Properties of Solids and Liquids

Solids are materials that are made of atoms or molecules. They are classified as either crystalline, noncrystalline, or amorphous. Here is an example of a solid: A class in Ruby uses a MySQLConnection and a PasswordReminder class. The latter depends on the former, as D in SOLID states. If the PasswordReminder class changes the database engine, it would require editing the PasswordReminder class, violating the open-close principle.


A crystalline solid is a material composed of small crystals with a regular atomic arrangement. Because of this regular arrangement, the atoms, ions, and molecules of a crystalline solid are ordered and have a certain shape. In addition, crystalline solids are generally more durable than other solids. The following sections discuss the properties of crystalline solids and discuss their differences from other solids. This article also looks at the properties of different types of solids, such as water ice.

Crystalline solids can be divided into three categories: metallic, non-metallic, and ionic. Metals, on the other hand, contain atoms that are joined together in large sheets by a metallic bond. The presence of these atoms gives them an electrical and thermal conductivity that is unmatched by other solids. The presence of these atoms also contributes to their color and luster. In addition to being strong and resistant, metallic crystalline solids also resist deformation due to external force.


The Journal of Noncrystalline Solids is a peer-reviewed scientific journal devoted to amorphous materials. Founded in 1968, it is published by Elsevier. The journal’s current editors are Barrett G. Potter, Edgar Dutra Zanotto, and Josef W. Zwanziger. It features articles related to all aspects of amorphous materials, such as their properties, composition, and physical properties.

Crystalline solids have a three-dimensional periodic structure, with constituent particles bound together via faces and planes. The smallest unit of a crystalline solid is called the unit cell. Each unit cell is identical, similar to bricks in a wall. Noncrystalline solids have no long-range order. They are characterized by the following major categories:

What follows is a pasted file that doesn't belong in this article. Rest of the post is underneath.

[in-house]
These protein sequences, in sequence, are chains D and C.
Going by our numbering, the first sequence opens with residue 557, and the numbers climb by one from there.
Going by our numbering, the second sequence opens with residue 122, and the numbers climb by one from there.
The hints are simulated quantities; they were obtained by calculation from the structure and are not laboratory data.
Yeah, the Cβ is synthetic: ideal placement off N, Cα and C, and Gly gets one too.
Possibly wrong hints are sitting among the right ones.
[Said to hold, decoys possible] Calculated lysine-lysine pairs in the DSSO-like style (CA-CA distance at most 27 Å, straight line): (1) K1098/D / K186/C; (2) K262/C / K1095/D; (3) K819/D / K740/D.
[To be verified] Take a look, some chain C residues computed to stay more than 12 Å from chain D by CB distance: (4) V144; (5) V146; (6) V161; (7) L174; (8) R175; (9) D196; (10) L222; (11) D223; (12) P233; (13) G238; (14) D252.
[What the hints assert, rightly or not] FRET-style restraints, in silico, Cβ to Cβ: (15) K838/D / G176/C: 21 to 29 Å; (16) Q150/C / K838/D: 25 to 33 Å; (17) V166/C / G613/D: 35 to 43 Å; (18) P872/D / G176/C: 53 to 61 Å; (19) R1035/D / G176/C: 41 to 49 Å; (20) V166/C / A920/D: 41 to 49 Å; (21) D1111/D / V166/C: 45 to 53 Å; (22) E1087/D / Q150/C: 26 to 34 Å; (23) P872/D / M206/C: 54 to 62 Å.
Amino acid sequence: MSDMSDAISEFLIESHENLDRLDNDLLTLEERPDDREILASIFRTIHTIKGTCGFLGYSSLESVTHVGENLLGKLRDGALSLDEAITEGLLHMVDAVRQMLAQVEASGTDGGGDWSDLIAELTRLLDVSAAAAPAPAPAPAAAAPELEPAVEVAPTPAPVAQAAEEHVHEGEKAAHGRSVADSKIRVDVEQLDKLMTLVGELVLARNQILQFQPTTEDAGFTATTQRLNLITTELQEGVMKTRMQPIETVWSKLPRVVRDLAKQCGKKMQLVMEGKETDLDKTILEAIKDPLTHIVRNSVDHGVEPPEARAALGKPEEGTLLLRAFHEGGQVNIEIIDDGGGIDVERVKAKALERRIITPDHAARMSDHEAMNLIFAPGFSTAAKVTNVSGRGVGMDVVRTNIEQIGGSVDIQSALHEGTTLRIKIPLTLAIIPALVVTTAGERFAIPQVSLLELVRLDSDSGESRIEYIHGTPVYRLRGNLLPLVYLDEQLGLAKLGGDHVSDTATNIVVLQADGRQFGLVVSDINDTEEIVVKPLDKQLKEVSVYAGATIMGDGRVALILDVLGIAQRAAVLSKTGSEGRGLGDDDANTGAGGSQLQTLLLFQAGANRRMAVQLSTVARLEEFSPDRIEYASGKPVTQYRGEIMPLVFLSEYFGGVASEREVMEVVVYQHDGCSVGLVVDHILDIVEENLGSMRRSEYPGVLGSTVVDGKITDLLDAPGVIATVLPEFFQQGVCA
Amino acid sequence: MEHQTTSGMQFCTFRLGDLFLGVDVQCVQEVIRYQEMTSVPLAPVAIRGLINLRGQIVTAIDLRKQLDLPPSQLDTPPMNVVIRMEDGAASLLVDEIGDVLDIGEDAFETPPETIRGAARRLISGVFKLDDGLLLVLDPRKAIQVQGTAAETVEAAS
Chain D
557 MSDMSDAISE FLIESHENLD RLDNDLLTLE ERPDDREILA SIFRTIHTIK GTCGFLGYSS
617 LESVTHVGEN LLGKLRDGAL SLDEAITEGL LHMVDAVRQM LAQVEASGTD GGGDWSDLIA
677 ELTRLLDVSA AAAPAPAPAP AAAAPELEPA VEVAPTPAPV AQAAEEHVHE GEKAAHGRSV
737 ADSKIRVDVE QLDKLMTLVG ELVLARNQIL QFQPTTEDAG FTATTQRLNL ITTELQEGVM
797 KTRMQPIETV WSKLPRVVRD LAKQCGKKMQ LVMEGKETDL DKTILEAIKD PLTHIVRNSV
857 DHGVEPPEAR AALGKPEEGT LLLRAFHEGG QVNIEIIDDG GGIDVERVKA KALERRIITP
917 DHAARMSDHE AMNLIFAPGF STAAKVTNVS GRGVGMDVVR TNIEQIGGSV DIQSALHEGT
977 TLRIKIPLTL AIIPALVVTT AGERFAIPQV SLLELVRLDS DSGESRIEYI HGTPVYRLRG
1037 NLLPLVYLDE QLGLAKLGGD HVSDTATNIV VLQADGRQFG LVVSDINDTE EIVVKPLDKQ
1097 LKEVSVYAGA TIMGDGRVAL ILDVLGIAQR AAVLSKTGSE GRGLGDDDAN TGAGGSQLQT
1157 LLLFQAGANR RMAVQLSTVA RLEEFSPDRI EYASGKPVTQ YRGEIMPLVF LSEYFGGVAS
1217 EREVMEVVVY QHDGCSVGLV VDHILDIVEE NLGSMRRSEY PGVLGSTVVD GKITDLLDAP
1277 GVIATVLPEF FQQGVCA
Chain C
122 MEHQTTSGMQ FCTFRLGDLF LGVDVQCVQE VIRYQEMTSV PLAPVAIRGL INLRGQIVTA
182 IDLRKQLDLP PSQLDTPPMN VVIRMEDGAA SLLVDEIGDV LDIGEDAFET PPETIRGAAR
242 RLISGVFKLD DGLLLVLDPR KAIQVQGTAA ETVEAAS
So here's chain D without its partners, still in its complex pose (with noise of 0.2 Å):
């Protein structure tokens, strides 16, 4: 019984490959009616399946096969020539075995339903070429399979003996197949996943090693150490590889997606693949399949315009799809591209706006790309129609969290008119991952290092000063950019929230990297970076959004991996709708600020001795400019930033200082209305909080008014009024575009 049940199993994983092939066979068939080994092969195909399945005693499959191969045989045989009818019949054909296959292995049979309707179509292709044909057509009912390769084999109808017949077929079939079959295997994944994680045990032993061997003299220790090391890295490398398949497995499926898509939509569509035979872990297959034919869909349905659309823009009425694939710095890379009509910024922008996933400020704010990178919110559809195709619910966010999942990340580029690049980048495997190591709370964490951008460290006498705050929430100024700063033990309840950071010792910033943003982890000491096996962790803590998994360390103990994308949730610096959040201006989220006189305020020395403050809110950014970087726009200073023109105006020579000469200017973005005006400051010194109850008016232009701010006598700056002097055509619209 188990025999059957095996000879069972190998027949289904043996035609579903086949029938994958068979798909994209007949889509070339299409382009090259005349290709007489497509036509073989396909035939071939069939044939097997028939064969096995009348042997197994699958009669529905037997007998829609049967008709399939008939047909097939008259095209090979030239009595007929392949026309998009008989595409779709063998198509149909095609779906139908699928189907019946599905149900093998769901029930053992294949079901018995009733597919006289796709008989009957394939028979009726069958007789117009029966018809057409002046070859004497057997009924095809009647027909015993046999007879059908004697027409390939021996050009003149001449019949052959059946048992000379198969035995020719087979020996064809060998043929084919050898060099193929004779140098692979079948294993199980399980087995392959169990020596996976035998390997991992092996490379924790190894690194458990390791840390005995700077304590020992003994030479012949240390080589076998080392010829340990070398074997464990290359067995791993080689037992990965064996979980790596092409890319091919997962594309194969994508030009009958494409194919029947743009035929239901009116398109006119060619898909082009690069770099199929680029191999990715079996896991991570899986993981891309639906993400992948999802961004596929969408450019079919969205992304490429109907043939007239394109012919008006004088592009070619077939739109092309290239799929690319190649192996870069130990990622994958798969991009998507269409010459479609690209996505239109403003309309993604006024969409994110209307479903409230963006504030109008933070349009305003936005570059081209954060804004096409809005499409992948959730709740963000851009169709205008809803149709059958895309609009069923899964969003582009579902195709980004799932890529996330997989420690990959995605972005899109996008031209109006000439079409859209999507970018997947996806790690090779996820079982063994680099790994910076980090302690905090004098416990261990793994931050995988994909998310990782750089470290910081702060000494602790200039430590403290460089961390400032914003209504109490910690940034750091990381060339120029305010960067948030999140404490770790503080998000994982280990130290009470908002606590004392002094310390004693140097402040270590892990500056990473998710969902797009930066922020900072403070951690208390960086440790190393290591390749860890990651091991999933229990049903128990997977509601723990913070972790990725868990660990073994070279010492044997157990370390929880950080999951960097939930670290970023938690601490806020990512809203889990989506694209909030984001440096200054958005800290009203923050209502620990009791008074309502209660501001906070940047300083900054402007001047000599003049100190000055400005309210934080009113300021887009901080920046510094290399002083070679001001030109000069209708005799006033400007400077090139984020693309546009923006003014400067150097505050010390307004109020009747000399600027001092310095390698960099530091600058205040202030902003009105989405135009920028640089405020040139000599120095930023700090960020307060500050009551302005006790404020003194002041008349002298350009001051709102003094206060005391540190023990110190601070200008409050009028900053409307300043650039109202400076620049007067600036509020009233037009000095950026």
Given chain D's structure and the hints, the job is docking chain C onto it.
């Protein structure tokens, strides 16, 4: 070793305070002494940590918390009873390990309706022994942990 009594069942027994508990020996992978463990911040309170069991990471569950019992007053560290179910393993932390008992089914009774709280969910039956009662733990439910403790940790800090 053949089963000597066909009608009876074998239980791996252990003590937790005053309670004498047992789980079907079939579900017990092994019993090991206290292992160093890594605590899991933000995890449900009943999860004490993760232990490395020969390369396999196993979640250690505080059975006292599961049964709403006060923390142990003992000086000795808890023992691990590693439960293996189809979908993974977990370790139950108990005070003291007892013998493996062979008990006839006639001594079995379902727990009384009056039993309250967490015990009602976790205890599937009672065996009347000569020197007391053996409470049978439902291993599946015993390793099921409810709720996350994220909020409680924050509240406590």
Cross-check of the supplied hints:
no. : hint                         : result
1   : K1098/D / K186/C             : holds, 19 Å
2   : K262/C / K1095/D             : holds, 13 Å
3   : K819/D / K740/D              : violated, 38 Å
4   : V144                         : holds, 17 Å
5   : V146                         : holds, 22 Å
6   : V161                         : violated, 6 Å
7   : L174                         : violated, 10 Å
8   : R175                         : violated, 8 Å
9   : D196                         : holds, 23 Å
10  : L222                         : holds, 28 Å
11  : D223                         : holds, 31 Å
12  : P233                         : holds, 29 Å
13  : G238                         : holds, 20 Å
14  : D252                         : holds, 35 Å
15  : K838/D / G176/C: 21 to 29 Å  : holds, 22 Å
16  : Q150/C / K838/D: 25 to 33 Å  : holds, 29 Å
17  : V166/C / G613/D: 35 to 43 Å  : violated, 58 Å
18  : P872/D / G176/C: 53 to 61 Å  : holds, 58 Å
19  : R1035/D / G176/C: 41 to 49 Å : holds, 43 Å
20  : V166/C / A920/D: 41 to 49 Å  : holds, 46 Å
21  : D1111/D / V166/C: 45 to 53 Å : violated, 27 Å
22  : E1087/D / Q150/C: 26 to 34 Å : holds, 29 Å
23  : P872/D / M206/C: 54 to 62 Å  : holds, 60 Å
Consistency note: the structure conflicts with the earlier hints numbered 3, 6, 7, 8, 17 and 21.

The properties of an amorphous solid depend on the arrangement of its molecules and atoms. Unlike a solid, a liquid cannot be defined by its spatial arrangement. Rather, the properties of a liquid depend on rapid molecular rearrangement and motion. The desired compound was initially present in an amorphous solid. As the solid was gradually cooled, the compound crystallized. This method produces solids with various properties, including crystalline structure.

Because of the lack of long-range order, amorphous materials present a unique challenge for experimental and computational investigations. Modern techniques to study amorphous solids involve a combination of spectroscopic and diffraction methods. Raman scattering, infrared spectroscopy, and vibrational spectroscopy are used to probe molecular structure, bonding, and vibrational excitations. These methods provide information on the dynamics of amorphous solids, while ab initio calculations can provide insights into the vibrations of glass.